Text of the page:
March 1, 2021

NITI Aayog recommends steps to improve primary education

Education: The NITI Aayog has recommended a daily four-hour play-based timetable for children in anganwadis, a survey to identify the three crore out-of-school children, and a focus on improving foundational literacy and numeracy. The national think tank made these suggestions in its report prepared for the Governing Council meeting chaired by the Prime Minister.

According to a survey conducted by the Ministry of Women and Child Development, 27 percent of children between the ages of three and six years, don’t have access to any pre-school education. To address this issue, NITI Aayog has suggested setting a daily four-hour play-based timetable in anganwadis. As of now, formal schooling in government schools starts with Grade 1, but once the National Education Policy (NEP) gets implemented, children of ages three to six years will also be a part of the formal education system.

NITI Aayog has also asked states to consider introducing local and contextualised teaching-learning material for students. Along with that, it also suggested preparing a 10-year roadmap for starting balvatikas—creches in anganwadis for young children—in every primary school, starting this year.

According to the report, there are over three crore out-of-school children across the country. It has therefore recommended a household survey to be conducted this year to identify all the out-of-school children. Furthermore, it also highlighted the need for a 10-year projection of need analysis of infrastructure to understand steps that need to be taken to increase access to education for all children in the country.

We will only achieve tangible gains in education if we prioritise critical elements of the new National Education Policy. Read this article to know more.

May 20, 2021

Home Ministry extends validity period of FCRA registration certificates

Fundraising & Communications: The Ministry of Home Affairs (MHA) has issued a circular extending the validity of FCRA registration certificates to September 30th, 2021. This applies to all FCRA licences that have expired or will expire between September 29th, 2020 and May 31st, 2021. The decision to extend the deadline has been driven by the exigencies arising from the COVID-19 situation.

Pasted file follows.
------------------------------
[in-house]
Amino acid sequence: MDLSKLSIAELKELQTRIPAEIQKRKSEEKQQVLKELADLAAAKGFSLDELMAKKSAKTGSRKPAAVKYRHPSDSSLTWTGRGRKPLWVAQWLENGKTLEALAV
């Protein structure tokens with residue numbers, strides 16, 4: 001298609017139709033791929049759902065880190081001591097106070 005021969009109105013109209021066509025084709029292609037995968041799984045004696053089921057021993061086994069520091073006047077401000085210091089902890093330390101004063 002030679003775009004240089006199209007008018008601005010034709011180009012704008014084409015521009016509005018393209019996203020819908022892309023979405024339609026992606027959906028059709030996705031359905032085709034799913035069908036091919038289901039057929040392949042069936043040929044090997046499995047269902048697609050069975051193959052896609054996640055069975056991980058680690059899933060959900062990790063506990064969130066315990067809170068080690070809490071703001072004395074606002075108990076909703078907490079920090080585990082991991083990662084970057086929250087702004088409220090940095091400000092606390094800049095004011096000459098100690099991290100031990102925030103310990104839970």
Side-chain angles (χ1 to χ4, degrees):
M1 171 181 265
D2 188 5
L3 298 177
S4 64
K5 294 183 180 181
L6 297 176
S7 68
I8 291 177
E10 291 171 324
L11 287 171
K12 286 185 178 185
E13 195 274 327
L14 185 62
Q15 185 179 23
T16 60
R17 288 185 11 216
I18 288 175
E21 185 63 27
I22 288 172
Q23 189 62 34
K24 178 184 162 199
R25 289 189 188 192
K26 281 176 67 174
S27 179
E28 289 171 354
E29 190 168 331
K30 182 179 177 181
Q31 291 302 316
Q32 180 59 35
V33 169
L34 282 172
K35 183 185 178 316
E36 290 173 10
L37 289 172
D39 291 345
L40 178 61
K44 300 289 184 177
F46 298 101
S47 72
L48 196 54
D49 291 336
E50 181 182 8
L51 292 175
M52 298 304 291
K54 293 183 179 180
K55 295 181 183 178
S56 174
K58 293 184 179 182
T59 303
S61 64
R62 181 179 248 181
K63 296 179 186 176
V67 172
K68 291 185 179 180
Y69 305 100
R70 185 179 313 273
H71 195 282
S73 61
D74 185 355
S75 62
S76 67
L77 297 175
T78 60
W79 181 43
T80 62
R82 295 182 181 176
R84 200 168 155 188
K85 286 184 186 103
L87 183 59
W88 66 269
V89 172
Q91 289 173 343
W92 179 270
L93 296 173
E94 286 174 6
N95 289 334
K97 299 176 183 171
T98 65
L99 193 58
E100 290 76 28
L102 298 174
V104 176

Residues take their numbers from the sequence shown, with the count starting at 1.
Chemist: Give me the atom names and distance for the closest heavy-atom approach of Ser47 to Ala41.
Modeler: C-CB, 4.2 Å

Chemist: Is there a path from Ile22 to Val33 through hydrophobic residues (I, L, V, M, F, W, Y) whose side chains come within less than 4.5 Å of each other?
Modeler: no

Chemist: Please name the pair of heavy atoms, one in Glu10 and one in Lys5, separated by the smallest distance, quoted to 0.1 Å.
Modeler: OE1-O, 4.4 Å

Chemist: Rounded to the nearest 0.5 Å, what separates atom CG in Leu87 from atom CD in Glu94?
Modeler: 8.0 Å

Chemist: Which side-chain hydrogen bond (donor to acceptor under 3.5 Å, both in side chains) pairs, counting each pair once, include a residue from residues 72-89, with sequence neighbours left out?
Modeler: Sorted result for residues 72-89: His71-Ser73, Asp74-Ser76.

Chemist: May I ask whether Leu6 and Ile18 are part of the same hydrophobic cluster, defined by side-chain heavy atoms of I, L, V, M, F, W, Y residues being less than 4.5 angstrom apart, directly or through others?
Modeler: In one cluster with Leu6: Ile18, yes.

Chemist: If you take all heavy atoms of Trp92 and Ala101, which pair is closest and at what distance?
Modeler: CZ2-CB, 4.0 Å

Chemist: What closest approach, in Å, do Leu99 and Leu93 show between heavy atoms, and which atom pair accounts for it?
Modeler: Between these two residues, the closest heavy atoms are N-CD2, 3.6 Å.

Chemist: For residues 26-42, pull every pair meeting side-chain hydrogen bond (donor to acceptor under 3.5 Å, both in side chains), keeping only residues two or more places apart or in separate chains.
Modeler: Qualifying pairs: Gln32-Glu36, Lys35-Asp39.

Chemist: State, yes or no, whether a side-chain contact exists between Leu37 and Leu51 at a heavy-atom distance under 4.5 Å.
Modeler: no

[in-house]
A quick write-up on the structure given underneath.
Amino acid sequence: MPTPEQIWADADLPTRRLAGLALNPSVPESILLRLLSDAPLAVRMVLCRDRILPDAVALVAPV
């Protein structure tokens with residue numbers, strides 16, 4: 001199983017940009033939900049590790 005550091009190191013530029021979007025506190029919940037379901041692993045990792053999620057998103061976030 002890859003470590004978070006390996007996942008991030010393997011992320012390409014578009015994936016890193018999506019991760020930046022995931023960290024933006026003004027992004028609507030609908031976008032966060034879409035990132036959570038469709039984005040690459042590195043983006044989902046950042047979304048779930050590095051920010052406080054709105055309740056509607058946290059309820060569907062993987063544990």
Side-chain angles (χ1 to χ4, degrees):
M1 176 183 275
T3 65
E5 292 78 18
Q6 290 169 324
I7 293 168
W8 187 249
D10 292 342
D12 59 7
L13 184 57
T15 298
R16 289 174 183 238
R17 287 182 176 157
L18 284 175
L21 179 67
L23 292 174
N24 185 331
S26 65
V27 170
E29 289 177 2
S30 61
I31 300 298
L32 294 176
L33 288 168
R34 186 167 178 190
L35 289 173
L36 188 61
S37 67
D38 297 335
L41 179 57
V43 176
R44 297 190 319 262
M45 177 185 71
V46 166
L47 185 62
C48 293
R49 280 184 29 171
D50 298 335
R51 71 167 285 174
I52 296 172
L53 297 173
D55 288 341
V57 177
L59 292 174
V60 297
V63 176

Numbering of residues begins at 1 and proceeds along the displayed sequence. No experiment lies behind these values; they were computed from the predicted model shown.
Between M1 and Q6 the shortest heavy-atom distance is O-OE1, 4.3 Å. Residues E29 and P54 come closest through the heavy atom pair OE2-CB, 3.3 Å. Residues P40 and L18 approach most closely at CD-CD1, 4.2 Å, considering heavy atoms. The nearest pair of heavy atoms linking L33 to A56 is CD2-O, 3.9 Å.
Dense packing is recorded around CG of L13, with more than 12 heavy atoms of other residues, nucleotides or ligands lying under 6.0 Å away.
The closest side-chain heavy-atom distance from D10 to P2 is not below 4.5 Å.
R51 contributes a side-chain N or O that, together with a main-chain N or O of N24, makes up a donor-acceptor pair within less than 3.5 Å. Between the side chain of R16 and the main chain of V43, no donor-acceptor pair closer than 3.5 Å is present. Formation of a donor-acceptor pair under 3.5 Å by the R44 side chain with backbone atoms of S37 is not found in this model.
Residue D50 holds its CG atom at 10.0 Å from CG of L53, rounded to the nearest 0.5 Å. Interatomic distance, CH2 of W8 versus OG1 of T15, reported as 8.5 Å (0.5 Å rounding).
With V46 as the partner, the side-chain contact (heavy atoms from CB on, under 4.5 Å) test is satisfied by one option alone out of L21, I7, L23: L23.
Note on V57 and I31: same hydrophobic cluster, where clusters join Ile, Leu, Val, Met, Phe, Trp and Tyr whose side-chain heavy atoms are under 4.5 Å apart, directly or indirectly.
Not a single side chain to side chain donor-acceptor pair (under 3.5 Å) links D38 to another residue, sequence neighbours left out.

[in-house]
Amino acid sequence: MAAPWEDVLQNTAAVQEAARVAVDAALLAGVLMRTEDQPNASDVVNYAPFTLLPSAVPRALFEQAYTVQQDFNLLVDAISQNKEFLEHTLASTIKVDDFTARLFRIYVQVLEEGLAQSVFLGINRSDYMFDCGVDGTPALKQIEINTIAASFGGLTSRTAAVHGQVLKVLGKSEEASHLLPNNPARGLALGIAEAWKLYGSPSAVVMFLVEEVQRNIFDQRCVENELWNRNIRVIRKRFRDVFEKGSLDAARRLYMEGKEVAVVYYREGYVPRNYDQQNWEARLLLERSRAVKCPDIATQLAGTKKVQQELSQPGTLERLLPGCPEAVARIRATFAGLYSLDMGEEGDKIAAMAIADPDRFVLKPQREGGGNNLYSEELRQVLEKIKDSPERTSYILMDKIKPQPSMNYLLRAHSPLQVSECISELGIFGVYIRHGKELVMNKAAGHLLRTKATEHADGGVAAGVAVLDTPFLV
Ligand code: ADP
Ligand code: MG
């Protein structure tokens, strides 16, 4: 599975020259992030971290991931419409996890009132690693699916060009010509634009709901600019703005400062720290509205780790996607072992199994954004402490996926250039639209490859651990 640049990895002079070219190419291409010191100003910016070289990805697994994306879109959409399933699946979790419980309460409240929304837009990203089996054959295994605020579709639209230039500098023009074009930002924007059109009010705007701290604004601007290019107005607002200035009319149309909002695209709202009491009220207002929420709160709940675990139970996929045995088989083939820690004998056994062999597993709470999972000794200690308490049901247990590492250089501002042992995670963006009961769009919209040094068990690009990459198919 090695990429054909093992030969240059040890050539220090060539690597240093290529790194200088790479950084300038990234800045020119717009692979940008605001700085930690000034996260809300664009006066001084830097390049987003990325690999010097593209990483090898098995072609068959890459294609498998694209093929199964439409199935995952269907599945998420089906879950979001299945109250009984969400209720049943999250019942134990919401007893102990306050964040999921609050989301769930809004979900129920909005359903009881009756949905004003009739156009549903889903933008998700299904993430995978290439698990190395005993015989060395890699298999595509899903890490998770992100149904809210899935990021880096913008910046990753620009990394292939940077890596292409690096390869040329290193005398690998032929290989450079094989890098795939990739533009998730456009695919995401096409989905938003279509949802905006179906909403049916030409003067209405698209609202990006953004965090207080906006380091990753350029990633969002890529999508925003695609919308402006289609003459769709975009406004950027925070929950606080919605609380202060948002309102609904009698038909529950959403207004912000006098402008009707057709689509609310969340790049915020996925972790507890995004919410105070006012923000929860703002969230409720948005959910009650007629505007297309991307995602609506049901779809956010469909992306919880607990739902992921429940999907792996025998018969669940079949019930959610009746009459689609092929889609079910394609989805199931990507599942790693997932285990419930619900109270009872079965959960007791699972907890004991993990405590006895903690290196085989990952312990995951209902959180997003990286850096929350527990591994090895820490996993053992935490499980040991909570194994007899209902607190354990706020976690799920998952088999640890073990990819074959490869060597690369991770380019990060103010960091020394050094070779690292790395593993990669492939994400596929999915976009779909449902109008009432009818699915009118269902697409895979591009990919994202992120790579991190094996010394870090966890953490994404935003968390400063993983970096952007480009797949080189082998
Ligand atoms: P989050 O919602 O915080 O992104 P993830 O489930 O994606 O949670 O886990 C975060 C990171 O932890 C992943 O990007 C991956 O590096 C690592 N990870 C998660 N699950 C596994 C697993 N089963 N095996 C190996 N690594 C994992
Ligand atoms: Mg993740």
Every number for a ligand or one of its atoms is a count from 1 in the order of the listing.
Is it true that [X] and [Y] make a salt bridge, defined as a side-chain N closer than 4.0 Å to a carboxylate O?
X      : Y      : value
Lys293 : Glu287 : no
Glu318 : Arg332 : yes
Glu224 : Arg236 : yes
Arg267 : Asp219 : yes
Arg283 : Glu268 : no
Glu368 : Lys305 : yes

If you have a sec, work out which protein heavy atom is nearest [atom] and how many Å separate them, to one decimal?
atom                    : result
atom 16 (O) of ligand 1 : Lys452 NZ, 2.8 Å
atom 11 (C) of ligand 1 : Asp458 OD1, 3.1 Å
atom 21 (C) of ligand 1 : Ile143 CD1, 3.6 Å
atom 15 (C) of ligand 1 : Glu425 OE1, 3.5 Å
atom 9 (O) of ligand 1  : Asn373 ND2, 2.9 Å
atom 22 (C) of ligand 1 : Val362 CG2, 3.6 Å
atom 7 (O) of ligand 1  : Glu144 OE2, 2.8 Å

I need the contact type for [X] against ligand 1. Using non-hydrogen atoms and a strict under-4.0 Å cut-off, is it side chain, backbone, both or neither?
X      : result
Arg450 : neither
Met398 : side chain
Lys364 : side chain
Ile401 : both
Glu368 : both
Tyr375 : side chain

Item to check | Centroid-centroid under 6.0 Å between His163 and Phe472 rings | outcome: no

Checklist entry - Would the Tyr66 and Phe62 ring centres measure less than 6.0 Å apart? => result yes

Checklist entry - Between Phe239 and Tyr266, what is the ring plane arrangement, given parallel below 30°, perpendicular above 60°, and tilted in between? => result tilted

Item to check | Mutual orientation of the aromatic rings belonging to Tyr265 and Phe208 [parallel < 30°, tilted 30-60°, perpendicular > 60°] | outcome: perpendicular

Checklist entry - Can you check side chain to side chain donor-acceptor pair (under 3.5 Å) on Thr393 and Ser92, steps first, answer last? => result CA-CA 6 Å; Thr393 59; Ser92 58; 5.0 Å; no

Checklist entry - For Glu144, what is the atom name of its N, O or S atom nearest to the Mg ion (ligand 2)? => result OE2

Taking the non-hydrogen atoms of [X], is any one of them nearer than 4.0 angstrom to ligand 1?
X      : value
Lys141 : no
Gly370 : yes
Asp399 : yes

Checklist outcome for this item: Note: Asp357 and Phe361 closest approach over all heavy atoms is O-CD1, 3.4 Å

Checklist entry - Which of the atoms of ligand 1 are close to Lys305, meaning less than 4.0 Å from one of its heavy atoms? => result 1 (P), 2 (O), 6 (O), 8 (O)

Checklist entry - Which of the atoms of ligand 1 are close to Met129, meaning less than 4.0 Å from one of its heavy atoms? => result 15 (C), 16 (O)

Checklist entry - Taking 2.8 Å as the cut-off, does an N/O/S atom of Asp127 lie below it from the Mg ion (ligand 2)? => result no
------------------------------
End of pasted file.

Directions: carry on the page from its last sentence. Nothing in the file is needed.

FCRA refers to the Foreign Contribution (Regulation) Act 2010, which permits charitable organisations based in India to raise funds from foreign sources.

The order also clarified that nonprofits that have already opened an account and have the requisite permission to receive foreign aid, can henceforth receive it only in these newly-opened accounts.

The FCRA law was amended in September 2020 to include a clause that mandated that all nonprofits receiving foreign aid must necessarily open an account in State Bank of India’s New Delhi Main Branch. The government had initially set the deadline for this account opening as March 31st, 2021; it later extended it to June 30th, 2021 after several nonprofits argued in court that there had been delays because necessary approvals from MHA had not been received.

Several organisations have not been able to receive foreign funds during the crisis caused by the second wave, and this has impacted their COVID-19 relief efforts. Relaxing the foreign funding rules could significantly help organisations ramp up their operations to help individuals, supply critical healthcare equipment, and respond to communities in rural areas.

Read this article to know how amending the FCRA can have unforeseen implications.

May 20, 2021

Corporate spending on oxygen support and medical equipment now counts as CSR

Philanthropy & CSR: The Ministry of Corporate Affairs (MCA) has issued a circular that allows corporate spending on health infrastructure for COVID-19 care to qualify as corporate social responsibility (CSR) expenditure.

This includes setting up medical oxygen generation and storage plants, manufacturing and supply of oxygen concentrators, ventilators, cylinders, and other medical equipment to counter COVID-19.  

The announcement comes at a time when all efforts are being directed towards expediting efforts to support the country’s healthcare infrastructure.

According to the circular, companies can now undertake projects and activities in collaboration with other companies using CSR funds. Additionally, they can contribute to specified research and development projects, as well as publicly funded universities and certain organisations that conduct research in science, technology, engineering, and medicine.

The government had earlier clarified that setting up makeshift hospitals and temporary COVID-19 care facilities would also be considered a CSR activity. Rajesh Verma, the Corporate Affairs Secretary, has requested businesses to consider converting vacant office buildings into COVID-19 facilities to cater to the rapidly increasing caseload.

Read this article to understand why media attention on COVID-19 deaths due to lack of oxygen in big cities has skewed donor priorities.